Mule lambs in a field

© FLPA / Wayne Hutchinson/REX/Shutterstock

My old dad was usually of a cheerful disposition but, even so, his mood would notably lighten at the prospect of the month of May. “The growing and mowing month,” he used to call it.

Now that I’m of the age where I have belatedly come to realise that my old chap was far more often right than he was wrong, I have found that his delight in the very merry month of May is firmly implanted in my DNA.

The last few days of the often difficult month that is April are made all the more bearable by the knowledge that it will soon be May.

Guy SmithGuy Smith comes from a mixed family farm on the north-east Essex coast, which is officially recognised as the driest farm in the UK. He is also vice-president of the NFU

In May, the world becomes a far more verdant shade of green.

The farm stock and wildlife become more cheerful, the sun shines brighter and the crops flatter us, full of the promise of record-breaking yields.

The prospect of a good harvest becomes significantly more tangible.

Getting warmer

Most importantly, the ambient temperature will rise like the sap in a newly unfurled leaf to become warm enough for most outdoor pursuits to be enjoyed in comfort. And here endeth the Smith long-term forecast.

See also: A hardy breed in A&E

Meanwhile, back in the real world, May is traditionally form submission month in my calendar. In the past, I used to have the terrible habit of burning tyre rubber along the A14 on 15 May to get my IACS forms into the Maff offices at Cambridge.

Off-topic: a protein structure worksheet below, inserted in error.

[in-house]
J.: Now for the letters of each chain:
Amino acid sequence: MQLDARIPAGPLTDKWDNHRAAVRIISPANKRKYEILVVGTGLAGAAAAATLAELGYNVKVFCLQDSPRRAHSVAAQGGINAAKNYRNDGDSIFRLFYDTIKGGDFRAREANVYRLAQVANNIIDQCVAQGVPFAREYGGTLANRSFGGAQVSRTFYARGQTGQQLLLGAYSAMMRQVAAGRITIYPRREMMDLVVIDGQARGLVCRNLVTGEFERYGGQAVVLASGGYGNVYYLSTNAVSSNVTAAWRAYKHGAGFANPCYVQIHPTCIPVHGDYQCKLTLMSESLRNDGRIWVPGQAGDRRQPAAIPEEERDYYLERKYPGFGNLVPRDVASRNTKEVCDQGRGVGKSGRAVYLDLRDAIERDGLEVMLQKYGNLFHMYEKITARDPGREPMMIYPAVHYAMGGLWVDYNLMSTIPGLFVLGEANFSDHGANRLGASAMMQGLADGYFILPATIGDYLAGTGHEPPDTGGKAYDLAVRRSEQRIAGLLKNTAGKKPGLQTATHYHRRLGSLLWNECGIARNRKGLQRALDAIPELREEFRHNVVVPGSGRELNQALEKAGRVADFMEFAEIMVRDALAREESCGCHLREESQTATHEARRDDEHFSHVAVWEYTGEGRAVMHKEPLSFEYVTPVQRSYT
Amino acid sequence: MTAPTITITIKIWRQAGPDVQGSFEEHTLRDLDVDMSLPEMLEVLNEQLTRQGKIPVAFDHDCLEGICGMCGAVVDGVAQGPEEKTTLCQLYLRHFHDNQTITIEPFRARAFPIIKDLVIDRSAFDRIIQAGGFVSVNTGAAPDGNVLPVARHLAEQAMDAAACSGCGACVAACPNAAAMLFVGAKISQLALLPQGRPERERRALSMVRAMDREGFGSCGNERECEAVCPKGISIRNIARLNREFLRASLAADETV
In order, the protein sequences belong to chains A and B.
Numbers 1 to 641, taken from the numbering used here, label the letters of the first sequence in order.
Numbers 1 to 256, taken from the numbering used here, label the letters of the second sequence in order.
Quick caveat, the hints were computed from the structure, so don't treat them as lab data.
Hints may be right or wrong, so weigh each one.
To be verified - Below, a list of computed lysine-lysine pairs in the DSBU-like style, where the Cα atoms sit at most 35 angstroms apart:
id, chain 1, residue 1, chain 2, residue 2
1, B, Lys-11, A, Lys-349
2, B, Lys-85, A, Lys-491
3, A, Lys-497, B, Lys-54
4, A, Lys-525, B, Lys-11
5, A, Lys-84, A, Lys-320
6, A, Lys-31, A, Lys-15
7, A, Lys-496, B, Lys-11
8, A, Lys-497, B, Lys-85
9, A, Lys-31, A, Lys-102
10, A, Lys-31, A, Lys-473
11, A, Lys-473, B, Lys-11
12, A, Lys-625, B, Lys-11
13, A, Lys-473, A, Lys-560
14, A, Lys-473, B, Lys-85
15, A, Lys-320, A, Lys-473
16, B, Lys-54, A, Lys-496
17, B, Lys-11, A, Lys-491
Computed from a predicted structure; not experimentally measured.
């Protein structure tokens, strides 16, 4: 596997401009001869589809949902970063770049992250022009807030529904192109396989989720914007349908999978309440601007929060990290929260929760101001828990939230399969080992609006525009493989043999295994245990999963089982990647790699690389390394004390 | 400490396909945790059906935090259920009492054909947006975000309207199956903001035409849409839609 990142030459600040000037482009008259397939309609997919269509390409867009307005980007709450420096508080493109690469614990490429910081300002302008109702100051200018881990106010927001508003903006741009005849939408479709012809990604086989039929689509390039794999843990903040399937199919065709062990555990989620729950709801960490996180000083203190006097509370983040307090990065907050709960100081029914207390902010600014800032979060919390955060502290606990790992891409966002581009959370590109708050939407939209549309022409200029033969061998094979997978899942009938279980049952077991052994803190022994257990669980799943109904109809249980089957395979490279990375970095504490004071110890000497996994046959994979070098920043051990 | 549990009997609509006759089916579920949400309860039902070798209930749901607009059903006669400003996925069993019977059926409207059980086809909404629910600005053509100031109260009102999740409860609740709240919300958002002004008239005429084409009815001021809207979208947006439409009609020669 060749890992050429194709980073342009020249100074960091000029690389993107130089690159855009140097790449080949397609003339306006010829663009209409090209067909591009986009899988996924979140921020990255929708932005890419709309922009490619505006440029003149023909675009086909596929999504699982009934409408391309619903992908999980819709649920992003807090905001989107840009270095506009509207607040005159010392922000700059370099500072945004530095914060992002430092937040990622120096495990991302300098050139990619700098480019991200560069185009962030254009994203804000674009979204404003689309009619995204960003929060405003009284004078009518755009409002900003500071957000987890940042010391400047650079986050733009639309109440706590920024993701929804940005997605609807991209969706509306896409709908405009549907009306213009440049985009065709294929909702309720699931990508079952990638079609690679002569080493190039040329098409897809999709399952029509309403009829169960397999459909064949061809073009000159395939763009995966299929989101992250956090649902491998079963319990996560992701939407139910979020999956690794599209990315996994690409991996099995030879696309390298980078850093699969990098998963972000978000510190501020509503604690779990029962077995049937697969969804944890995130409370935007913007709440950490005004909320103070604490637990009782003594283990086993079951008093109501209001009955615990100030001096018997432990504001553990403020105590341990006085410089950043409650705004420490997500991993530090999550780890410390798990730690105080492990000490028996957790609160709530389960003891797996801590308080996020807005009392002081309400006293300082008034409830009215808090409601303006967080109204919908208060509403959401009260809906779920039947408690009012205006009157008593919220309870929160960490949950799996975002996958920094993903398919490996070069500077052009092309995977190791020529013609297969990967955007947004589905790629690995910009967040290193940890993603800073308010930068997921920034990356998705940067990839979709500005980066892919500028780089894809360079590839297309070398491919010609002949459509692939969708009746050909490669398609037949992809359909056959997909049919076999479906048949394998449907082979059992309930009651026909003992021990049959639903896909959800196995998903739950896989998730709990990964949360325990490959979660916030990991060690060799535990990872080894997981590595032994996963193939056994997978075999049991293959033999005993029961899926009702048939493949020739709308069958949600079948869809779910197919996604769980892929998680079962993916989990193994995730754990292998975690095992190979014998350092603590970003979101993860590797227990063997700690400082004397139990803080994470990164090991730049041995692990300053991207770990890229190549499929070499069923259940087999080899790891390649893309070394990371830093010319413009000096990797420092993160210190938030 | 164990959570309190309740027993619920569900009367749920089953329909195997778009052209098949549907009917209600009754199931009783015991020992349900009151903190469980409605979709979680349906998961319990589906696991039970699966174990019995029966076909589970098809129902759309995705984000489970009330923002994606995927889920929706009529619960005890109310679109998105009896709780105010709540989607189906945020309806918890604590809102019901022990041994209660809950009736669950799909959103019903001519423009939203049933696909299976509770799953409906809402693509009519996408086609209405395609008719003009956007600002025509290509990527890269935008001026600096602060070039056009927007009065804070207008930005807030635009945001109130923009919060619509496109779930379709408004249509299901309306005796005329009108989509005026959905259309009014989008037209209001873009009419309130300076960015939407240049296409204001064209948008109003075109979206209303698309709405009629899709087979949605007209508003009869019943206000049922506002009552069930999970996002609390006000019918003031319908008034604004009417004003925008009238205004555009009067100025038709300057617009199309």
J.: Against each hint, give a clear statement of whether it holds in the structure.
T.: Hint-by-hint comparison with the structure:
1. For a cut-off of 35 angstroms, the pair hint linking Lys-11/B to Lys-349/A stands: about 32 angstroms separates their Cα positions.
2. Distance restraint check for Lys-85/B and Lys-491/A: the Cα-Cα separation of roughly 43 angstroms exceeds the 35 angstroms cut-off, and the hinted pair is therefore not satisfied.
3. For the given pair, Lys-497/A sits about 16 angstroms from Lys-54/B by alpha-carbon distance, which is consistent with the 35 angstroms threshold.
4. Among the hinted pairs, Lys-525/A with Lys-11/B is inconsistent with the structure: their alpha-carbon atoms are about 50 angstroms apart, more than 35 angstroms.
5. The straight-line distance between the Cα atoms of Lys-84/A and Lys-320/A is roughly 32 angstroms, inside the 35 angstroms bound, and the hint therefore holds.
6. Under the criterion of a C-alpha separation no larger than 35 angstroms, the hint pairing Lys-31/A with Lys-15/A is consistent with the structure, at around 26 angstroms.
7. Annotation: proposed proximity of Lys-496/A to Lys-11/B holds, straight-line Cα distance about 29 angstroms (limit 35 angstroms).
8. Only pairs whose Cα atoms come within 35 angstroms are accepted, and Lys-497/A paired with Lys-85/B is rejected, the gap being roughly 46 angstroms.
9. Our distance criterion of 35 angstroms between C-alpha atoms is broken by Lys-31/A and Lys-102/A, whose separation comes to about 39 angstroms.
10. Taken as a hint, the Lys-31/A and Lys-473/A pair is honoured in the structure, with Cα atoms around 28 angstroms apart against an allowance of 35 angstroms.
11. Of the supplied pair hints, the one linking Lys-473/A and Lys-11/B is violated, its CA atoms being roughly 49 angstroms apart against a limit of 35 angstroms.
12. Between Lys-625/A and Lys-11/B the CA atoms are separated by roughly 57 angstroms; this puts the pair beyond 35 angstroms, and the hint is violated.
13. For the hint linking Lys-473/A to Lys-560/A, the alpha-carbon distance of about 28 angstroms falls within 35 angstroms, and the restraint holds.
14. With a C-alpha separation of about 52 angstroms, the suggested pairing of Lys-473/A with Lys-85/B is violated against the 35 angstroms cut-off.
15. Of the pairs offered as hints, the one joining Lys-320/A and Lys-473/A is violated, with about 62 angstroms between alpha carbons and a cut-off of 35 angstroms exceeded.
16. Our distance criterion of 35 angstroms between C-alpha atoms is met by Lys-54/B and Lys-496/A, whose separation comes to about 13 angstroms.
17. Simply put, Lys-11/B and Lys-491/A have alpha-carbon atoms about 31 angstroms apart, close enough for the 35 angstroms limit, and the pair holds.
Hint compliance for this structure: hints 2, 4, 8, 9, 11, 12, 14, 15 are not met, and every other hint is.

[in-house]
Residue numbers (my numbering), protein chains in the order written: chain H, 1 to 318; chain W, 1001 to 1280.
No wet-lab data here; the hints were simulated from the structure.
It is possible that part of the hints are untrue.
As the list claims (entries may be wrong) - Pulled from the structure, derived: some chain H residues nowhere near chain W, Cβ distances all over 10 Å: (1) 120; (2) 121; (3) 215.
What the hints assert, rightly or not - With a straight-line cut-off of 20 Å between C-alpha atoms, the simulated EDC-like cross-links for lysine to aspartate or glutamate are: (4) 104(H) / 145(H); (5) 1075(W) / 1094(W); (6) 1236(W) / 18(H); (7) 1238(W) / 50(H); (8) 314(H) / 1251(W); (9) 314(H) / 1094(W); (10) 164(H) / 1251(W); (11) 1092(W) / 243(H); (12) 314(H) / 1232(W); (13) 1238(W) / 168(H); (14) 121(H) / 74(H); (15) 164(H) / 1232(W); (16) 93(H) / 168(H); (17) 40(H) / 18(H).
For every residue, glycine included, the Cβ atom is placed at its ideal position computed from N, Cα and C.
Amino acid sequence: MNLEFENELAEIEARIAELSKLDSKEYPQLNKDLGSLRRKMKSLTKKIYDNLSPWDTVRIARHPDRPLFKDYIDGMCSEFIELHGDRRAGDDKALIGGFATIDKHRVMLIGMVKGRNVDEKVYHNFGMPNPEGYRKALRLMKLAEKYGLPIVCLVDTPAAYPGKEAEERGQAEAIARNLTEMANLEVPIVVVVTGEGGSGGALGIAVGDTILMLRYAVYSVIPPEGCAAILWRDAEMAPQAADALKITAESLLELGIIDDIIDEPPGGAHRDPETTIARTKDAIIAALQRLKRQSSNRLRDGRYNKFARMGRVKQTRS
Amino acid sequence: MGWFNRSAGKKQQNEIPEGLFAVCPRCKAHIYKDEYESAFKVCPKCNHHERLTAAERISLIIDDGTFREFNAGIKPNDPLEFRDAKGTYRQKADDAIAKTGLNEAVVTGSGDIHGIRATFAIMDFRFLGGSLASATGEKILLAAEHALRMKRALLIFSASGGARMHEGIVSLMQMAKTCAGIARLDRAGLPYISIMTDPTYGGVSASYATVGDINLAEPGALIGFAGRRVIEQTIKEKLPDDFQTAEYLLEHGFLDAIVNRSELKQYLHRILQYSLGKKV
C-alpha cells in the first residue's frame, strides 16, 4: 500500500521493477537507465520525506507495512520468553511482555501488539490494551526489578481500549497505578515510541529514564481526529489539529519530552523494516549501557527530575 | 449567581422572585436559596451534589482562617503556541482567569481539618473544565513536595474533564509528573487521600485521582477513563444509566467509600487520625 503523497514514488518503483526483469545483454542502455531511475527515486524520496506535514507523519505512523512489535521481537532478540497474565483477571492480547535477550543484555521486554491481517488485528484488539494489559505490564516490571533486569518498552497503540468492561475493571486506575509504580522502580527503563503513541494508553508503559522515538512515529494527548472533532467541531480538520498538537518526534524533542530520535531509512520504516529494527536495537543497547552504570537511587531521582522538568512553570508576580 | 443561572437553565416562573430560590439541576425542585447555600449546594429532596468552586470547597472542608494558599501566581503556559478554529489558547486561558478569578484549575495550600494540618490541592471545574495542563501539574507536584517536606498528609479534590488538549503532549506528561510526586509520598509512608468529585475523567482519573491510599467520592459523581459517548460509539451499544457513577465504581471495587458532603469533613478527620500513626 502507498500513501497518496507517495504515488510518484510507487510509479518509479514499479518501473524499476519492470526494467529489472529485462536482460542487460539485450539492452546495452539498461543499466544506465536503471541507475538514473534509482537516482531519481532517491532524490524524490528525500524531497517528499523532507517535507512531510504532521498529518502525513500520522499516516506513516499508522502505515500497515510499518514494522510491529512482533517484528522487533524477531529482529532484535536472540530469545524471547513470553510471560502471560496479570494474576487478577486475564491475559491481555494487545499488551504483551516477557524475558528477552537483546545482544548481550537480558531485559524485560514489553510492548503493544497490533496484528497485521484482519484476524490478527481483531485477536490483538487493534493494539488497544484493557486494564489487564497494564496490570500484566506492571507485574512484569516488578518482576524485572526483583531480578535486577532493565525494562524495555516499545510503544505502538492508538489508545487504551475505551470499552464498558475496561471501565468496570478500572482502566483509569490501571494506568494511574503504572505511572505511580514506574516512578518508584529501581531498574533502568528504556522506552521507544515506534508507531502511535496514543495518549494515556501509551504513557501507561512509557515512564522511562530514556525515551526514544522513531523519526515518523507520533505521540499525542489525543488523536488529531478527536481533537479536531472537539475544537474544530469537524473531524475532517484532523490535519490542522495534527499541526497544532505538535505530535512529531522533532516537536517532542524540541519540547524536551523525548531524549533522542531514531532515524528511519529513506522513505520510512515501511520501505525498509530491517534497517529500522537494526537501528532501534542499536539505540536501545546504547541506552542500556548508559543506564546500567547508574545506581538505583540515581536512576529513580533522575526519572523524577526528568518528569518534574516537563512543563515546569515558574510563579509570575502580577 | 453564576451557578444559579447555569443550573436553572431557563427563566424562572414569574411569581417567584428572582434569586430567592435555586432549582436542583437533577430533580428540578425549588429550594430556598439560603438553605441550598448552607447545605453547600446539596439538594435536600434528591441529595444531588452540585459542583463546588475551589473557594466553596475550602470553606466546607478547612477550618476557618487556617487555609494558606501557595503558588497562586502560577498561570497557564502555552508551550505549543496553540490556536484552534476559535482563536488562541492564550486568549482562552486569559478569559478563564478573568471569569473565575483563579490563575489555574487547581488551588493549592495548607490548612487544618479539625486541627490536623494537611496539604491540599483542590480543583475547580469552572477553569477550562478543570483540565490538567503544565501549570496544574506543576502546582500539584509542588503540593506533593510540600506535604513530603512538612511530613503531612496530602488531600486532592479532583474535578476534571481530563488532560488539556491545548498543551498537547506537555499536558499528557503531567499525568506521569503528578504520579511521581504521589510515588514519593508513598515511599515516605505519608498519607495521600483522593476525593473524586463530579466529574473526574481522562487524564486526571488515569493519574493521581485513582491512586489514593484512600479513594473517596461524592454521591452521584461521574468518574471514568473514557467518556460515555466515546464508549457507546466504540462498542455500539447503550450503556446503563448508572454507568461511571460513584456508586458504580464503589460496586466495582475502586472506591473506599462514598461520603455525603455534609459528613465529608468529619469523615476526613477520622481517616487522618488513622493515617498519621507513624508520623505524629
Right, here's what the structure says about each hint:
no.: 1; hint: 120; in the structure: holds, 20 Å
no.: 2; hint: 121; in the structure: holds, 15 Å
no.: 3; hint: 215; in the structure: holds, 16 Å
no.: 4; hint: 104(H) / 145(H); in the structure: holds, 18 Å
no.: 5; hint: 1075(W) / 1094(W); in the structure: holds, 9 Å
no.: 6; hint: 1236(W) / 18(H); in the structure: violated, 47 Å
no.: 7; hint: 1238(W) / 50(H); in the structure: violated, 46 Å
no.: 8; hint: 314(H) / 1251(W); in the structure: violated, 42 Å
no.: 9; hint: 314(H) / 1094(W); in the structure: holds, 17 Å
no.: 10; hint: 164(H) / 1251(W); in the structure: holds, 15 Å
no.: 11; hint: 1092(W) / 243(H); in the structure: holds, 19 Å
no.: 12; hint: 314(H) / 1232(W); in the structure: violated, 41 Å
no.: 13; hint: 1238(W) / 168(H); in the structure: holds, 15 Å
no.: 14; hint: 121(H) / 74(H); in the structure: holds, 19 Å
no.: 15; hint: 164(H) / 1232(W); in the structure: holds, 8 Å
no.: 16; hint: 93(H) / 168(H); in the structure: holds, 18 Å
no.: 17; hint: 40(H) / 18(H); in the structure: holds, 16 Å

I used to arrive in the car park to find other red-faced, puffing farmers all feeling the embarrassment of having left this important job to the last possible minute.

I remember being in those offices when a po-faced receptionist fielded a call from a farmer who wanted to know at exactly what time the deadline of midnight on 15 May actually was. “12am”, was the tight-lipped response.

Of course, over the years, I have realised the error of my errant youthful ways and now I prepare for this important task much earlier.


The trouble is that, this year, I have an added complication – it looks as if I won’t have been paid for 2015 by the time I have to submit my 2016 application. 

Technically, the fact I haven’t been paid for last year shouldn’t stop me putting in my 2016 application, but I’m one of those simple souls who likes to see life as a sequence of stepping stones.

I suspect this comes from the conditioning I have had through farming, where you harvest a crop in a field before you plant another one. By clearing the field you can check the ground is in proper order before you start a new cycle.

The unpalatable fact is many of us, even those who have been paid, will be submitting our all-important BPS forms worryingly short of confidence that things are in good order.

Fog of uncertainty

Just as we need utmost precision and clarity, we will be filling in information shrouded in a fog of uncertainty about mapping, coding, field data and entitlements.

Understandably, the focus of our ire in all of this is the RPA. But it is time we firmly bring this to the attention of the top of government. The proper running of large, national IT projects is an indicator of competent government.

Responding to a question in the House of Commons in April about the problematic performance of the BPS, David Cameron said: “We must ensure that lessons on how to make the system work better in future years are properly learned.”

Well said, prime minister, and remember: the buck stops with you.